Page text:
Rich Dixon’s on a ride. But while he’s gone, here’s part two of the story of Leonard.
Leonard was an experienced physical therapist new to the hospital, and I was one of his first clients.
Like the others, Leonard tried multiple approaches with me. We talked about sports and movies as he worked and I didn’t. Like everyone else, Leonard failed to recognize the futility that was so obvious to me. I was going through the motions, waiting for something to end this interminable nightmare.
I couldn’t get stronger, go back to work, create anything resembling a meaningful life. I saw no future to justify any sort of effort, and I was angry with those who were oblivious to the hopelessness. How could everyone keep acting as if a worthwhile future beckoned?
I’ve learned I can achieve amazing results, probably more than even my therapists honestly believed possible. I’ve crossed those streets, defying the command: “DON’T WALK.” I’ve cranked a hand cycle three thousand miles in a year. I taught middle-school kids successfully, a role that would terrify many able-bodied people.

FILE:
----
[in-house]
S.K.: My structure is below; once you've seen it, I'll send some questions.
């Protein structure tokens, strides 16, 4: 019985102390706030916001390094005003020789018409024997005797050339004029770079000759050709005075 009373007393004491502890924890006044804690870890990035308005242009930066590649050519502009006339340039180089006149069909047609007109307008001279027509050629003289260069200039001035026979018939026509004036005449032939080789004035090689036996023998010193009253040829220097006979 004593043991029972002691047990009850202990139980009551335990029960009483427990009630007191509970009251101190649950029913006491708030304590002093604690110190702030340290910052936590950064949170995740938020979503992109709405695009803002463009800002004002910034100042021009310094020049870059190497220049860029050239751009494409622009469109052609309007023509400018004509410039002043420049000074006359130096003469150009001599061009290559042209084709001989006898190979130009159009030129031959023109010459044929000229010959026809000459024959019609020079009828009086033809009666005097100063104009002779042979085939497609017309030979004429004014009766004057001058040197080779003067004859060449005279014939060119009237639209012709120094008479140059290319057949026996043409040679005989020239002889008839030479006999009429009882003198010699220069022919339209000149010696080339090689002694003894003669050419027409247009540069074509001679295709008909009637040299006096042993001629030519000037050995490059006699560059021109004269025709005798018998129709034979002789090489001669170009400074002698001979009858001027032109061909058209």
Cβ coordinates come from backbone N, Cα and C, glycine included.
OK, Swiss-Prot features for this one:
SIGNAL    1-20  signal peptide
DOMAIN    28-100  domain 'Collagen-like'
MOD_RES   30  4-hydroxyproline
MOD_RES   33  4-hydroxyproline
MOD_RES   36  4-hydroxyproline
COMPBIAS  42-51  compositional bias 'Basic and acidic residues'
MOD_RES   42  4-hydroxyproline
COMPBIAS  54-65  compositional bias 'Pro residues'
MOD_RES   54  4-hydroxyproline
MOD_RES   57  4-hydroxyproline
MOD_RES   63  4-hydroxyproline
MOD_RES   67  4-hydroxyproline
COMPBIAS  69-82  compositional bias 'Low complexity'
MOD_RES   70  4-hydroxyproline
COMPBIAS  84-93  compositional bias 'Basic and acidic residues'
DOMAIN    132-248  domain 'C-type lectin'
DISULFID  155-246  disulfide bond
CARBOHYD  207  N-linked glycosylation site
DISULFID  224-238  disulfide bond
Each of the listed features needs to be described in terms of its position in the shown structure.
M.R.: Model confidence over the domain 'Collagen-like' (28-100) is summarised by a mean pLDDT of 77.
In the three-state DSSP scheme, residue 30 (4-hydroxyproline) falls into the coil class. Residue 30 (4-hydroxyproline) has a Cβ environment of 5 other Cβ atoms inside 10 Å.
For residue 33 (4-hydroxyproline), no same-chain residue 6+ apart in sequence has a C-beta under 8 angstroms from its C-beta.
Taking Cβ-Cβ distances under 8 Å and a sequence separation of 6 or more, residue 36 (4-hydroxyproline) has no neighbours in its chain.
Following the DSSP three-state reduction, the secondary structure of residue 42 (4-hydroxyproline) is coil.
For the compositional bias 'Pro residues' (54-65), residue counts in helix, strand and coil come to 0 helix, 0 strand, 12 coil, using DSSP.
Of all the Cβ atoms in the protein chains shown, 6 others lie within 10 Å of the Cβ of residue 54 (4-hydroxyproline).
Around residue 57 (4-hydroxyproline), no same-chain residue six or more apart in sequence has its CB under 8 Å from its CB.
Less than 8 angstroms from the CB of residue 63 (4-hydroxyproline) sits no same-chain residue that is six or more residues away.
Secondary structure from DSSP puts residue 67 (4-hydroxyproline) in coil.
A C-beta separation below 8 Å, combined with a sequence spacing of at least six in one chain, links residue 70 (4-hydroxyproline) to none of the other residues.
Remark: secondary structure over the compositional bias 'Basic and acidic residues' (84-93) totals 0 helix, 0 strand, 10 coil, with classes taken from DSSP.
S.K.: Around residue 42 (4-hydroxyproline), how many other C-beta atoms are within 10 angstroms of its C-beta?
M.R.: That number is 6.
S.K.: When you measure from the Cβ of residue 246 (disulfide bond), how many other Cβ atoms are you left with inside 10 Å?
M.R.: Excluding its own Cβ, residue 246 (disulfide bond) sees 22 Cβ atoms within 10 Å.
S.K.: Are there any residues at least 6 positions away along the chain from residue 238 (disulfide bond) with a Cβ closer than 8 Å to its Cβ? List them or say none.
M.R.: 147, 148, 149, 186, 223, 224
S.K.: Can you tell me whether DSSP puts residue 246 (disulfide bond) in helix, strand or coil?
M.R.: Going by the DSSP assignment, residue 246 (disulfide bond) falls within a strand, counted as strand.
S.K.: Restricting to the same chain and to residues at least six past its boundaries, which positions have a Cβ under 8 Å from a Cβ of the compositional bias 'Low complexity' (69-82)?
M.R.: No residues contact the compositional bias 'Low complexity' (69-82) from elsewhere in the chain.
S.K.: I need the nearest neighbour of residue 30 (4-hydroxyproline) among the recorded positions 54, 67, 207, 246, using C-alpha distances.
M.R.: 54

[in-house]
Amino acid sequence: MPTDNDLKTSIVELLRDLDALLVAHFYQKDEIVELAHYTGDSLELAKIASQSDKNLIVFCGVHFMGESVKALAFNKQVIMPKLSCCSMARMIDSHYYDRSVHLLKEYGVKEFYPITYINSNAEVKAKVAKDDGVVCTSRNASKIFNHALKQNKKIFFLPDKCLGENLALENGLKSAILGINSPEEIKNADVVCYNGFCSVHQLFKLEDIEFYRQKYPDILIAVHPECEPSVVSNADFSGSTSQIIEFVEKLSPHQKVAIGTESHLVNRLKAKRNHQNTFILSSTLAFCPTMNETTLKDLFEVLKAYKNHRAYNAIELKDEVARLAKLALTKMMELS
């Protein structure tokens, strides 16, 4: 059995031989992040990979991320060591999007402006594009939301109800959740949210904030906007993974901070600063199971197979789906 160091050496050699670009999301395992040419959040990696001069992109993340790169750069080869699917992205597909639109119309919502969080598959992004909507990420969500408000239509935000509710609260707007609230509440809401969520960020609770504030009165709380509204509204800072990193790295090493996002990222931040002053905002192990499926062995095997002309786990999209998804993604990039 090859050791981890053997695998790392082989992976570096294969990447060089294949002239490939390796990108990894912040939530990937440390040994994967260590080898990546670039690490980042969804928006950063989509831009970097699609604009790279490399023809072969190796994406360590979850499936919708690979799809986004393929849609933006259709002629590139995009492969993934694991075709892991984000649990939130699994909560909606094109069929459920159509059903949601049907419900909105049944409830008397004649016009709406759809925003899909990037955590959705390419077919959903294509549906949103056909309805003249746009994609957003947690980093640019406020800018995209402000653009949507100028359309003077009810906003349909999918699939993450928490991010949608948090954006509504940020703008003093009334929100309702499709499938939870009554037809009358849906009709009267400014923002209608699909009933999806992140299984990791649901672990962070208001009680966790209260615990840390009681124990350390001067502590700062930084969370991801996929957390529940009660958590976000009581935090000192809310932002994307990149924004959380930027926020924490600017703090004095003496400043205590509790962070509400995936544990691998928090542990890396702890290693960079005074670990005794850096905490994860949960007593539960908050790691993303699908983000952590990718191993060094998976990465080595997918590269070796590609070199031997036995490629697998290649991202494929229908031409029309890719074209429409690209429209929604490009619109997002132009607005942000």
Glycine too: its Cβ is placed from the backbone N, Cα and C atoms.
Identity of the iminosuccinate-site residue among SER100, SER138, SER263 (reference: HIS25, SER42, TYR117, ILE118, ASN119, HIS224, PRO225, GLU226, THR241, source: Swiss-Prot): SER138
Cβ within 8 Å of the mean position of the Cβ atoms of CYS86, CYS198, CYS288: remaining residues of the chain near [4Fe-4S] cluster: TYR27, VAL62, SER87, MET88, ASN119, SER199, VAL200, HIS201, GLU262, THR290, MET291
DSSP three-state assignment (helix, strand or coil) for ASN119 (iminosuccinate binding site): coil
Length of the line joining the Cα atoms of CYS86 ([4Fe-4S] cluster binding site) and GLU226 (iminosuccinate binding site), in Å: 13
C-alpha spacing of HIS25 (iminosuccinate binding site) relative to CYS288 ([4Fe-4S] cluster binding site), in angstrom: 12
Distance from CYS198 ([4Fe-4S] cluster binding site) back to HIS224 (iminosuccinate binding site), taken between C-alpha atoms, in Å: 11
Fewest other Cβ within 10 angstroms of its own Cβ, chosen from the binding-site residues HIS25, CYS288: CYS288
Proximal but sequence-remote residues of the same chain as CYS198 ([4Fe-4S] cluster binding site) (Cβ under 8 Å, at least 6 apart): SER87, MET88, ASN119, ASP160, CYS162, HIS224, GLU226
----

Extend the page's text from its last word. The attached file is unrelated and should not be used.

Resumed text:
But when I met Leonard, I was busy proving you can’t accomplish anything if you don’t believe.
Leonard tried for several weeks to break through my resistance. He knew how much I needed to accomplish, and he increasingly viewed this pretend-therapy as an unproductive waste of time. He was right.
One morning when I arrived at the hospital, Leonard waited at the entrance. He suggested we skip our morning session (fine with me!) and just take a walk. I figured he wanted to check up on me, and he was about to discover I’d made little progress toward building endurance. Of course he already knew that, but I didn’t care. He needed to see for himself how impossible this all was.
I couldn’t imagine what he had in mind…I’ll bet you can’t, either.
To be continued…
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